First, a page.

Poetry translators and regional vernacular voice: Belli’s Romanesco sonnets in English and Scots

Francis R. Jones

Abstract

This study investigates how poetry translators tackle source regional voice within their wider approach to poetic text. It analyses eleven translators’ ‘outputs’ of Scots and English translations from Giuseppe Belli’s 19th-century regionallanguage sonnets, which are set in working-class Rome. Each output was coded for voice (space, community, tenor marking), text-world space, and poetic form (rhyme, rhythm), then analysed quantitatively and qualitatively; translator interviews and translators’ written commentaries provided extra data. Translators ranged along a spectrum (apparently genre-specific) between two extremes: (1) ‘relocalising’ voice into target regional language/dialect with similar workingclass and informal features to Belli’s originals, whilst relocalising place and person names to target-country analogies, and recreating rhyme and rhythm; (2) translating into standard (supra-regional, literary/educated, neutral-toformal) English, whilst preserving Belli’s Roman setting, but replacing rhyme and rhythm by free verse. This reflects a spectrum between two priorities: (1) creatively conveying poetic texture; (2) replicating surface semantics.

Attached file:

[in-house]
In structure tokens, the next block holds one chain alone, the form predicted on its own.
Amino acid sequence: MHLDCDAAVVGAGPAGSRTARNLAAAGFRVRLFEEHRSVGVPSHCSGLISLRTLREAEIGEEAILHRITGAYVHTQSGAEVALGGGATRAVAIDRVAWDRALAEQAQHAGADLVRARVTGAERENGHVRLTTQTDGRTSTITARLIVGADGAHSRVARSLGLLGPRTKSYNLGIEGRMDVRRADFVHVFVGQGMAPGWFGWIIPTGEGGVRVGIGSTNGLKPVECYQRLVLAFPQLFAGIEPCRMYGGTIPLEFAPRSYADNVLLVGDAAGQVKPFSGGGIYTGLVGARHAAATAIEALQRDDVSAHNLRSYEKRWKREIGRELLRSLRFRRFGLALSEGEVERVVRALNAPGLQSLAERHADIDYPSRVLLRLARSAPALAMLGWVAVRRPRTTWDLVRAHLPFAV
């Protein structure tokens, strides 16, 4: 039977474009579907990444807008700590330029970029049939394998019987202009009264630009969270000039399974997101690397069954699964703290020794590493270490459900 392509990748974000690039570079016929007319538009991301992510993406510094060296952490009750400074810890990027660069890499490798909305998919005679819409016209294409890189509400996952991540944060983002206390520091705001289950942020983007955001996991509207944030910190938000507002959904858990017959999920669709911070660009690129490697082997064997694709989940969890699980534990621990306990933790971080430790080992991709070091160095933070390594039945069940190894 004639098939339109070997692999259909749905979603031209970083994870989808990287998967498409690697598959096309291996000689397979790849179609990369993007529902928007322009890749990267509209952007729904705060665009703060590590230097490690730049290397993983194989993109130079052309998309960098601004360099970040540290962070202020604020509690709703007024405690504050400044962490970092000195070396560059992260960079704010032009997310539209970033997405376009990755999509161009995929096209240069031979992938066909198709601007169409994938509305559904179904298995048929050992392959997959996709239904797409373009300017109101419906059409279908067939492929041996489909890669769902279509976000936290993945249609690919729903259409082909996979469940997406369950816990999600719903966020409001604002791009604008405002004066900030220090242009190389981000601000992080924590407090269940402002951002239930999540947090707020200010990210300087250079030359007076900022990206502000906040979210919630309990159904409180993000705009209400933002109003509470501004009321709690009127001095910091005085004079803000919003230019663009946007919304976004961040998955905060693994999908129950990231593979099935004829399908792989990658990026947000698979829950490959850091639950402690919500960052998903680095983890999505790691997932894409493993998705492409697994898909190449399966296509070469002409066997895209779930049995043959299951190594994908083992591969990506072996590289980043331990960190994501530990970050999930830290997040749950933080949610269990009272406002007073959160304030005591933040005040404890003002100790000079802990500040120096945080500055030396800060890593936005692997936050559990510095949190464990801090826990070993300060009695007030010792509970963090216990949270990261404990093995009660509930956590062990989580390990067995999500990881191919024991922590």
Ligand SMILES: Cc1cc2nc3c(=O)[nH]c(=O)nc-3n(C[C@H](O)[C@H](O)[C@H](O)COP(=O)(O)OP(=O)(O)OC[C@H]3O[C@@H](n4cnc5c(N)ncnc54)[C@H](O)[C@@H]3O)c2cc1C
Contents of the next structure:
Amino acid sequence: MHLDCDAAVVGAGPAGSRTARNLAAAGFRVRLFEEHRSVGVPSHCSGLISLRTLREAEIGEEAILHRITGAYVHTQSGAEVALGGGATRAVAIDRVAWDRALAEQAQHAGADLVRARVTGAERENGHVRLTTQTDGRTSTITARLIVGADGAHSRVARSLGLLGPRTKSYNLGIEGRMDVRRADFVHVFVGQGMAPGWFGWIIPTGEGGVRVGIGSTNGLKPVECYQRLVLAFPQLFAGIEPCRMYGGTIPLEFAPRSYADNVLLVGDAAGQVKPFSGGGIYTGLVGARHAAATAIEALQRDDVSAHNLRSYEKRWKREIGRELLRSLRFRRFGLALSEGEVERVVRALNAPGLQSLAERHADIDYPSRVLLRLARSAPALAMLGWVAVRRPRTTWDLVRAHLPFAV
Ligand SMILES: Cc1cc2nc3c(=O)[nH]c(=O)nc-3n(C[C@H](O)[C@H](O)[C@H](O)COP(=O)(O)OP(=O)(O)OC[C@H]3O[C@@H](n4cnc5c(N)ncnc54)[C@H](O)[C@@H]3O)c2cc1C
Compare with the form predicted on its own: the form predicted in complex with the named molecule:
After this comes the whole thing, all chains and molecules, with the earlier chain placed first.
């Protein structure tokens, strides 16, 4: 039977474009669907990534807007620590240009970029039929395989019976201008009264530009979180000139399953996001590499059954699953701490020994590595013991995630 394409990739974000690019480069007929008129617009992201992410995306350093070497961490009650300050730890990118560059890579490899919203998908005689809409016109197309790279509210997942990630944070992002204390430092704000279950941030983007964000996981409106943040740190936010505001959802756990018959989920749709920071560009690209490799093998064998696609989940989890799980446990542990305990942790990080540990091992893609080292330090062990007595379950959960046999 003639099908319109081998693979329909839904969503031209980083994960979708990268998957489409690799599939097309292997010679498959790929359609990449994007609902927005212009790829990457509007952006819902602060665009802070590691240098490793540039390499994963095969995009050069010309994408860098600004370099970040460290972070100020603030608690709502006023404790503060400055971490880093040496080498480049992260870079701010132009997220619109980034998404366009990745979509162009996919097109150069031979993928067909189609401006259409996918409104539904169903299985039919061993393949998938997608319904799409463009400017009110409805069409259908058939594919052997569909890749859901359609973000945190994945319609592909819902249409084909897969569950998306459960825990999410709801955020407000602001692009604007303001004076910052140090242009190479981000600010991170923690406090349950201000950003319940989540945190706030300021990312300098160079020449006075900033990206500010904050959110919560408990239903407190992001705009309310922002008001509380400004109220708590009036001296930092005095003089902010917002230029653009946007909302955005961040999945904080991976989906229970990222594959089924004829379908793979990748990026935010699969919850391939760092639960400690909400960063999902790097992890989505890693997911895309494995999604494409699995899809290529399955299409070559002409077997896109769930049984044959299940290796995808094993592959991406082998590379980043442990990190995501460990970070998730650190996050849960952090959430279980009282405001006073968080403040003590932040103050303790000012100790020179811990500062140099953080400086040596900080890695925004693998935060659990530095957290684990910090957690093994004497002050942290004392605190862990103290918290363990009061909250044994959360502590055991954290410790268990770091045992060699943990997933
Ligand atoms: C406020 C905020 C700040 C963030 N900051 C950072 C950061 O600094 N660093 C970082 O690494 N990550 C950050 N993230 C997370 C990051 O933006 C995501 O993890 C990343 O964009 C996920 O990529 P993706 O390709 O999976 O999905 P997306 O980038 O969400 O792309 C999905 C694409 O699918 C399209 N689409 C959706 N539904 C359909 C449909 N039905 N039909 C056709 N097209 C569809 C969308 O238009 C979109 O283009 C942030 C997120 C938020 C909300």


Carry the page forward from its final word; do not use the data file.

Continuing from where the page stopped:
Keywords:
Table of contents

Poems are “symbolic, multiplex, polysemantic” texts, which exploit the possibilities of language to communicate rich or subtle messages (Jakobson [1960] 1988, 49; Matterson and Jones 2000, 13). Hence translating poems is complex, especially since a double aim drives most poetry translators: to write a viable targetlanguage poem that also “match[es] the original” enough for it to “be considered [ p. 33 ]a translation” (Holmes 1988, 50; Jones 2011, 100–101). The challenges this implies for translating rhymed, regular-metre poems have often been debated. Less often discussed, however, is how poetry translators tackle voice—an “authorial, narratorial or translatorial presence” (Munday 2006, 21–22) typically manifested via style, or the “choices” a writer makes from “alternative ways of rendering the same subject matter” (Leech and Short 2007, 31). How poetry translators engage with regional voice is even less explored.

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